Charles Valentine Riley

Charles Valentine Riley
Charles Valentine Riley

. . . None but the well-informed are successful… for success in agriculture today implies knowledge — scientific knowledge.

—Charles Valentine Riley (1872)

Vision for success of agriculture. A vital and colorful personality, Charles Valentine Riley was a major 19th century figure who possessed a vision for enhancing the success of agriculture through new scientific knowledge. Born in London in 1843, Riley at the age of 17 immigrated to the United States, where he began work as a farm laborer, writer and illustrator in upstate Illinois.

State and national leadership. Riley was named Missouri’s first State Entomologist in 1868, the Chief of the U.S. Entomological Commission in 1876 and the Chief Entomologist for the U.S. Department of Agriculture in 1878. He was responsible for one of the first outstanding successes in the biological control of pests by introducing the Australian vedalia beetle to combat scale insects. He also was a key figure in research that led to the rescue of the French wine industry from an insect pest.

Impact today. The impact of Riley’s work 150 years ago is still felt today, not only in the fields of entomology and agriculture but also in other natural sciences. Riley was the first to recommend the establishment of the Office of Experiment Stations. He advocated establishment of the Branch of Economic Ornithology within USDA, which evolved into the Biological Resources Division of the U.S. Geological Survey that is now in the U.S. Department of Interior.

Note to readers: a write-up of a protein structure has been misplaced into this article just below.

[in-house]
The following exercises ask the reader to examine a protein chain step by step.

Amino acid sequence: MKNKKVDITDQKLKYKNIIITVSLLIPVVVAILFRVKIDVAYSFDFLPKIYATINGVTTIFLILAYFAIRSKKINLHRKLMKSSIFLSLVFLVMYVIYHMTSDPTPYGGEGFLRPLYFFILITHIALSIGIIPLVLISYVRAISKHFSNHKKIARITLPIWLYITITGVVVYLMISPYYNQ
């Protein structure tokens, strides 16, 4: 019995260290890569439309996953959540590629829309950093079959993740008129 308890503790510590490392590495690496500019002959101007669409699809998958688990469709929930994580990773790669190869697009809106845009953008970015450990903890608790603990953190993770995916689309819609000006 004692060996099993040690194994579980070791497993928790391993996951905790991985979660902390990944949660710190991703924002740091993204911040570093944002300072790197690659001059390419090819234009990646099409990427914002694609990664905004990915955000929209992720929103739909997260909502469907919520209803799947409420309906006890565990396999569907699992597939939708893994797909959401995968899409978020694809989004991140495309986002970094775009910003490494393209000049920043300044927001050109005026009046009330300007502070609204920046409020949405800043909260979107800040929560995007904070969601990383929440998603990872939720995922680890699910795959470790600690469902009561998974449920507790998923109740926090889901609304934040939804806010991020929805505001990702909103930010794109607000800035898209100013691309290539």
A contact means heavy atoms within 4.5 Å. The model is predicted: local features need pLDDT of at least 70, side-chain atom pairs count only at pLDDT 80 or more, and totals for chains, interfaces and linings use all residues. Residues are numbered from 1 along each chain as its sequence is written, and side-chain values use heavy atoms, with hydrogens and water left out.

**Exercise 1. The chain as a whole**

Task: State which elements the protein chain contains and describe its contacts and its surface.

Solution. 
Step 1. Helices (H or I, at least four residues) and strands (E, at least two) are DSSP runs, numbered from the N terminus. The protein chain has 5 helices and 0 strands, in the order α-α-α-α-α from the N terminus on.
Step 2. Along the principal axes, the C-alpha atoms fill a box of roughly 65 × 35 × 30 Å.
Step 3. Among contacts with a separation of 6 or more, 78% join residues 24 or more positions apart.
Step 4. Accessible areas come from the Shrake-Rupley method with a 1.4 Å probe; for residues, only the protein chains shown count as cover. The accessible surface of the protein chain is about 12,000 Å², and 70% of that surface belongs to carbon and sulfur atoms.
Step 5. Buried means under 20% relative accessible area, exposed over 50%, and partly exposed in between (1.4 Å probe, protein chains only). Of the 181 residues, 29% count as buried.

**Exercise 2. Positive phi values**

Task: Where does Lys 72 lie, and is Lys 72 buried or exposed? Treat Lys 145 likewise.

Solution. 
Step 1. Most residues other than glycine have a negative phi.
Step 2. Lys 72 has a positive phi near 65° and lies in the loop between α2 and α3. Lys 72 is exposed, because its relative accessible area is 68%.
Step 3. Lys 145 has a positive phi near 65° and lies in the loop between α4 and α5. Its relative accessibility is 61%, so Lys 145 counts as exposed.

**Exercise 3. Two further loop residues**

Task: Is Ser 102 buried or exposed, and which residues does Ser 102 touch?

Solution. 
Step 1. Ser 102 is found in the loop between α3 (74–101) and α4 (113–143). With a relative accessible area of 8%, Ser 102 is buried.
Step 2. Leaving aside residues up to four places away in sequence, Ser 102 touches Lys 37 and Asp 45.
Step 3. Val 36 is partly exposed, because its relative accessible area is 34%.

"Whole picture." Riley truly was a “whole-picture” person — an artist, poet, writer, journalist, linguist, naturalist and philosopher, as well as a scientist and administrator. In 1878, Riley joined with Alexander Graham Bell, John Wesley Powell and 57 other men in science, literature and the arts to found the Cosmos Club in Washington, D.C., as a “social club for individuals of distinction and sociability.”

Sustaining Riley's memory. Riley initiated the National Collection of Insects at the Smithsonian Museum of Natural History and was honorary curator of the collection when he died of injuries from an accident in 1895. Upon the death in 1978 of Riley’s last surviving child, Dr. Cathryn Vedalia Riley, a trust was established to further Riley’s memory. This trust assisted in the founding of the Charles Valentine Riley Memorial Foundation. Thus, the singular characteristic of Riley as a “whole-picture” person is reflected in the precepts and goals of the Riley Memorial Foundation. Perhaps Riley's greatest legacy was his vision and ability to see the role of agriculture and forestry in the productive and sustainable use of the landscape as an artistry upon which all society depends.

Learn more about Charles Valentine Riley

The USDA National Agricultural Library's Special Collections includes a Charles Valentine Riley Collection that illustrates Riley's vision to enhance the success of agriculture through new scientific knowledge. The collection of papers and significant artifacts also tells the story of Riley's love of nature, his keen ability to observe relationships in nature and his devotion to recording his observations through drawing and writing. The Riley collection complements a number of other significant manuscripts and rare books in Special Collections, providing historians and researchers a broad picture of the field of entomology in the 1800s.

In 1996, the American Entomologist published a paper on the legacy of Riley that reflects on his contributions at the centennial (1995) of his death. "Charles Valentine Riley: The Making of the Man and His Achievements, by Edward H. Smith and Janet R. Smith" notes that Riley (1843–1895) ranks as one of the distinguished founders of entomology in North America.